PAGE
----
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Design by Contract

Design by Contract - DbC for short - is a metaphor introduced by Bertrand Meyer for its purely object-oriented language Eiffel. The idea consists in strictly separating the concerns of clients and suppliers of code. The supplier of a routine is not obliged to check the validity of its arguments, that's the clients duty. And in fact the supplier mustn't do it to avoid double checks. On the other hand, the supplier has to guarantee correct results of his or her routine, the client can rely on it. It's like a contract between two parties. But like a contract in social life, this software contract must be documented, so that each party knows each-others duties and benefits.


Another idea of Meyer's is command-query-separation, where he names a function without side-effect a "query" (it returns part of the state of his objects) and a procedure without returned value acting by side-effect only a "command" (it changes the state of his objects). His suggestion is never to do both in one routine (like the ++ operators in C), write two instead. This is a suggestion only, it can not be enforced.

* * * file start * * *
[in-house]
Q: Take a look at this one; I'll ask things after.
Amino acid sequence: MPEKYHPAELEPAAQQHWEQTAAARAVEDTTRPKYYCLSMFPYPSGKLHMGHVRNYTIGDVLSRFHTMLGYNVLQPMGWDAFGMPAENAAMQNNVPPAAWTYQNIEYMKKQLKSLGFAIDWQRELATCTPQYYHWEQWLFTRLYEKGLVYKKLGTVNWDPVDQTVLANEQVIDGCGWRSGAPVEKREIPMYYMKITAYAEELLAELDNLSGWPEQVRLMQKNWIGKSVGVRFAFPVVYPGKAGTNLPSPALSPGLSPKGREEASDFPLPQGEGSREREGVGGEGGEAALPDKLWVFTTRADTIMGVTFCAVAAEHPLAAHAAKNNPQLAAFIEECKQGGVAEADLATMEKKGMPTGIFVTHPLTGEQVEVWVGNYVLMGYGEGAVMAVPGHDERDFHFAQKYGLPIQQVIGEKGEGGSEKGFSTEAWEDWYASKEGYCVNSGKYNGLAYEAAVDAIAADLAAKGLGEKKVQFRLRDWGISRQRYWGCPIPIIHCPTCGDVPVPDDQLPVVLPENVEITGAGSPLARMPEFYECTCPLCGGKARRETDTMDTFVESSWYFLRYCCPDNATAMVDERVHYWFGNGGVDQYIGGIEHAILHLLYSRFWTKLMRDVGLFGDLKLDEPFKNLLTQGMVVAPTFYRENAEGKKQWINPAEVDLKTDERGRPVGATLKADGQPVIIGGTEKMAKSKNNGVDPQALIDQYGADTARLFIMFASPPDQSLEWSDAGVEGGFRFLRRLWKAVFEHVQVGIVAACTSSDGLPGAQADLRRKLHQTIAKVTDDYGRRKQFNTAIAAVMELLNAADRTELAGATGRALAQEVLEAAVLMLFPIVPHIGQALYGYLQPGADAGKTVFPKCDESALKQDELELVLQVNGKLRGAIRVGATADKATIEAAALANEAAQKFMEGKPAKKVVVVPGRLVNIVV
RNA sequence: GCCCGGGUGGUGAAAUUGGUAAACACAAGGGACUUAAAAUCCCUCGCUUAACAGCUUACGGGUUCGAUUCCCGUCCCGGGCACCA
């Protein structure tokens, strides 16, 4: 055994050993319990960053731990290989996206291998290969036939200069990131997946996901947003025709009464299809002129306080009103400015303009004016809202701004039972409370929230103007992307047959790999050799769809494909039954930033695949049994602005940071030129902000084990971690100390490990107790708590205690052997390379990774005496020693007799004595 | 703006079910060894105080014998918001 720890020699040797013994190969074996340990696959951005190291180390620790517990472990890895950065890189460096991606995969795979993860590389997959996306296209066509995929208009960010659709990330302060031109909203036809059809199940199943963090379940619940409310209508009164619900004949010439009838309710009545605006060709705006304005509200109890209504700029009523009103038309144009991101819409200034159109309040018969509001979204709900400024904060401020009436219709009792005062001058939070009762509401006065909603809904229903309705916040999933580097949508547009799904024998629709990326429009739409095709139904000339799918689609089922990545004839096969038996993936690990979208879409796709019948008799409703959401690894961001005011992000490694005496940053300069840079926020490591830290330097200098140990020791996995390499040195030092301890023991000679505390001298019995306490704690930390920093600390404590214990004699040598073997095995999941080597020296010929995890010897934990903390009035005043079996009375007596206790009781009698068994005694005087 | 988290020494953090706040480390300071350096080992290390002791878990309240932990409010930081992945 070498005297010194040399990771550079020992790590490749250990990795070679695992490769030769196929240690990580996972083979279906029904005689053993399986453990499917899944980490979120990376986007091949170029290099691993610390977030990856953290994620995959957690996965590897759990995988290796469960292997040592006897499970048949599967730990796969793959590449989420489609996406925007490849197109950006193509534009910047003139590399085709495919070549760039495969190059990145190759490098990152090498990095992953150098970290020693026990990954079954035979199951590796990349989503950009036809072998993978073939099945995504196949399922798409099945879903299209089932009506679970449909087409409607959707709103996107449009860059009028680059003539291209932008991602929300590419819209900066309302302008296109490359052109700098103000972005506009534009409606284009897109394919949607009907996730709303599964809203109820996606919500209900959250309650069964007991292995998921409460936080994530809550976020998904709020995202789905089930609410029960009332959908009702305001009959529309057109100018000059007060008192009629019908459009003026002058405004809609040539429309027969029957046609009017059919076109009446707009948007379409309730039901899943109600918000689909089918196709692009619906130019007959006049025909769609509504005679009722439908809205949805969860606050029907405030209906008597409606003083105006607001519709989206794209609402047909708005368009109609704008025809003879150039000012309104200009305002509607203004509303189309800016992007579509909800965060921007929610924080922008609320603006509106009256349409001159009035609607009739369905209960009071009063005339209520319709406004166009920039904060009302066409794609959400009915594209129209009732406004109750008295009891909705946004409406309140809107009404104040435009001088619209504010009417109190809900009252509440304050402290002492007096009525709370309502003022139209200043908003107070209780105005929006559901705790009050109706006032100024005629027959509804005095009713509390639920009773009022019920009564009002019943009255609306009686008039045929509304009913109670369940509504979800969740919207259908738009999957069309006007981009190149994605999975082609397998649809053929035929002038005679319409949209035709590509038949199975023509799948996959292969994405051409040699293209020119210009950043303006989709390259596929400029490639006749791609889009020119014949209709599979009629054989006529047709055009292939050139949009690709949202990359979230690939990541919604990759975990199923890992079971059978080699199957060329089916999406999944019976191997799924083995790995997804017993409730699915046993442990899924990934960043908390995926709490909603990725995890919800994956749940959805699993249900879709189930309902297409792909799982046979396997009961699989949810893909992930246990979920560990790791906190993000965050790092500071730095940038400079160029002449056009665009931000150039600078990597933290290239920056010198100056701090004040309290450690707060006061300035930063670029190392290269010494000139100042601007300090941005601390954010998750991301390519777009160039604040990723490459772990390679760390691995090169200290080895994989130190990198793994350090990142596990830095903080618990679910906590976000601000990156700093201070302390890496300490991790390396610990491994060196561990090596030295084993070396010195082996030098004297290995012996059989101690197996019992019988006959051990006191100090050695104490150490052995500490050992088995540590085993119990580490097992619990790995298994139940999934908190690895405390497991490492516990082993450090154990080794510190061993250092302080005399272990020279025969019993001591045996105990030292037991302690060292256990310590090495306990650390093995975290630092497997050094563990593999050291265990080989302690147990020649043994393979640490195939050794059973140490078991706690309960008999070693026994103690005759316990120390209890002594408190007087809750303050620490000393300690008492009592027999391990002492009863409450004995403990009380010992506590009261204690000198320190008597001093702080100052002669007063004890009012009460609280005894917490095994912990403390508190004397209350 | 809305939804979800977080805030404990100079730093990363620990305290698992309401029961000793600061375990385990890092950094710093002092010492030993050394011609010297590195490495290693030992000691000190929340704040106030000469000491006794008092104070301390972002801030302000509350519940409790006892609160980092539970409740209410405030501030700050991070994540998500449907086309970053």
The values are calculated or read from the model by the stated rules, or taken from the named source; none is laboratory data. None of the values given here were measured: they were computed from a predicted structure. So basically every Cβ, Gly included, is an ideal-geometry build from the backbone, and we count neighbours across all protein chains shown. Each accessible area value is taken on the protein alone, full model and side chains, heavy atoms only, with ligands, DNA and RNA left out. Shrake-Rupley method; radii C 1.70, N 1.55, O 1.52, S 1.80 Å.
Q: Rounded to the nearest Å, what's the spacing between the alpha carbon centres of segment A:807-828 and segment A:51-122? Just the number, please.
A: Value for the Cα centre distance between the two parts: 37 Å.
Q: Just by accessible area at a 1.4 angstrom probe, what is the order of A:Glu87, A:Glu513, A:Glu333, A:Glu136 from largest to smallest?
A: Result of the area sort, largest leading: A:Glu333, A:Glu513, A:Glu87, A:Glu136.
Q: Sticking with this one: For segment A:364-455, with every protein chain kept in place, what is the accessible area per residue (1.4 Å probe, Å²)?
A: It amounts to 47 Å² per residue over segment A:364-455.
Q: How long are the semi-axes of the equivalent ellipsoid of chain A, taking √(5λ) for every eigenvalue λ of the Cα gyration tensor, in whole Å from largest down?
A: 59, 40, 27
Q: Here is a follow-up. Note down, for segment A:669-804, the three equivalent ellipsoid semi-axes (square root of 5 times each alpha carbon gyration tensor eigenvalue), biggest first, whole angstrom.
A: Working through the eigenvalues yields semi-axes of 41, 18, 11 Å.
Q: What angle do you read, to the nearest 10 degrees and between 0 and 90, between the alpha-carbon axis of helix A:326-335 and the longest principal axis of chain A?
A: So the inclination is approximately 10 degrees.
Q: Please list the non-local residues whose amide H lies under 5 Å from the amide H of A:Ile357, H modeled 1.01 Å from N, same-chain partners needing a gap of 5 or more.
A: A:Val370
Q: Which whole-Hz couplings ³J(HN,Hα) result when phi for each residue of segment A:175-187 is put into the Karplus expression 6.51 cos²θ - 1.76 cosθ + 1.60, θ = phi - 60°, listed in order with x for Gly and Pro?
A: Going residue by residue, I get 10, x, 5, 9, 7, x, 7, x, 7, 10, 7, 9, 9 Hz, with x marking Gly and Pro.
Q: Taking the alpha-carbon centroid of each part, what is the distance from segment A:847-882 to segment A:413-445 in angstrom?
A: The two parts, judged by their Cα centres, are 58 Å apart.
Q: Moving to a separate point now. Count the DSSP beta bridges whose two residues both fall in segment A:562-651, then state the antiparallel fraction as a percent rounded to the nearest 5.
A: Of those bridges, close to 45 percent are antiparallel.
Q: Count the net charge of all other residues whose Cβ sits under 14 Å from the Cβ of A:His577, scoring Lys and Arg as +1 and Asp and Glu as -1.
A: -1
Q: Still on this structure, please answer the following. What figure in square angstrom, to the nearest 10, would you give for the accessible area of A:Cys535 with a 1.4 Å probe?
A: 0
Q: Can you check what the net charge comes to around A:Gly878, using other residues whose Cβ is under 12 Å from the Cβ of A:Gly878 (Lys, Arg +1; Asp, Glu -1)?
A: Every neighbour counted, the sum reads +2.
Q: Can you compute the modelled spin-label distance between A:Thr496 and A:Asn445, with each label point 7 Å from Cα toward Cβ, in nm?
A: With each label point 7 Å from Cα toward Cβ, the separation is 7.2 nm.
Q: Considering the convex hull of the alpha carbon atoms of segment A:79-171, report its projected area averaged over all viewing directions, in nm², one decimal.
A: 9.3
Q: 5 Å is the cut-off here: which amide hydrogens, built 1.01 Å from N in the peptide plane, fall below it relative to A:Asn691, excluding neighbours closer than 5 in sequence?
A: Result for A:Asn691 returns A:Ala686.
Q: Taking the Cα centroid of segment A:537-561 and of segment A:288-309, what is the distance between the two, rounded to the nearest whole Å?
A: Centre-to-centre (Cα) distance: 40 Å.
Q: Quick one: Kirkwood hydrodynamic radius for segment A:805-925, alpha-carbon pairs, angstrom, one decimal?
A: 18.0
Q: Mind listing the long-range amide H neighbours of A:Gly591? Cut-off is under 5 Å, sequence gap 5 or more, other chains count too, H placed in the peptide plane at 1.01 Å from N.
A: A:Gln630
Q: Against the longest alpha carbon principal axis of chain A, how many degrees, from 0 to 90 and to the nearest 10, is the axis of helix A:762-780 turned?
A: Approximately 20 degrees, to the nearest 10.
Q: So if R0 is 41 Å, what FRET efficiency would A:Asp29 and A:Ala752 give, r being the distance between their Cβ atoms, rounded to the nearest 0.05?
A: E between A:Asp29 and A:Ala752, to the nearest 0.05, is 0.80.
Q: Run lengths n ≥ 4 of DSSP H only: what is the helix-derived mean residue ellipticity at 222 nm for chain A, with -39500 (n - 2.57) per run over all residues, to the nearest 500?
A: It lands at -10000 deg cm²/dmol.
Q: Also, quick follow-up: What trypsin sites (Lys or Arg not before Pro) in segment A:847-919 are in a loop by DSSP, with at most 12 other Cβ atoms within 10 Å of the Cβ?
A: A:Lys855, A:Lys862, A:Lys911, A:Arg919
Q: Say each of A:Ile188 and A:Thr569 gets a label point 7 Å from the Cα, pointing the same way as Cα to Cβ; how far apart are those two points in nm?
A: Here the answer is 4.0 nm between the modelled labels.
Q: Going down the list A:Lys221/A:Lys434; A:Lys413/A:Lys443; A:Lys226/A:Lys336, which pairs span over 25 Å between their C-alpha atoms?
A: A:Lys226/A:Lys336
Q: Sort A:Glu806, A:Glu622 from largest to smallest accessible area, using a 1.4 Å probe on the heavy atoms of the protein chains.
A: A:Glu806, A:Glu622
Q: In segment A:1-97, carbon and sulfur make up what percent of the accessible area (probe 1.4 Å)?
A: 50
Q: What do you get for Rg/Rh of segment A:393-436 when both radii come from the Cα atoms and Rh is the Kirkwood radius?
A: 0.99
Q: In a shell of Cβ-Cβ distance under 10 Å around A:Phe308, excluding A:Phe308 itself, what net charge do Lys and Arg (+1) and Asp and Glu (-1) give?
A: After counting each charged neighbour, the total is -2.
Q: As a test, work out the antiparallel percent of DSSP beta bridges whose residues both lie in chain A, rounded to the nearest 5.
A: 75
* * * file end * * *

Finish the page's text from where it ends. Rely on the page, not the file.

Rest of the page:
The contracts module

This egg is an attempt, to bring DbC to Chicken Scheme. A module written in this style - let's call it "example" in this turorial - has to import contracts. Its body should be enclosed in

(doclist '())
(define example (doclist->dispatcher (doclist)))

where doclist is a paramter, to generate automatic documentation. This documentation can be accessed by the client in two ways. First by calling (example) without arguments, returning the list of all symbols, exported by the example module, second by calling (example 'foo) returning a representation of foo's contract provided foo is an exported symbol.

Well, this contracts must be supplied, before their representations can be exported. This is done by replacing define and define-syntax in the module body with define-with-contract and define-syntax-with-contract. And of course, these latter macros must contain the actual contracts in some way. <enscript highlight="scheme">

The case of macros

It's easy for syntax-rules macros. After all, matching the macro-code against some patterns is already a domain check! After all, macro transformers have only access to forms, not to runtime values. Hence we have to do only two things, supply a docstring for documentation and export the admissible macro-codes, which can be extracted from the patterns. In sum, checked macros are defined in example's body like this

(define-syntax-with-contract foo
  (syntax-rules () (code xpr) ...))

the only difference to define-syntax beind the mandatory docstring - but the textual representations of code ... will be exported by a call to (example 'foo)!

We will not check the macro's range, because that would need another matching process.

The case of procedures

The contracts module supplies a short and a long form of define, where the short form looks


Juergen Lorenz

Initial version

Jun 23, 2011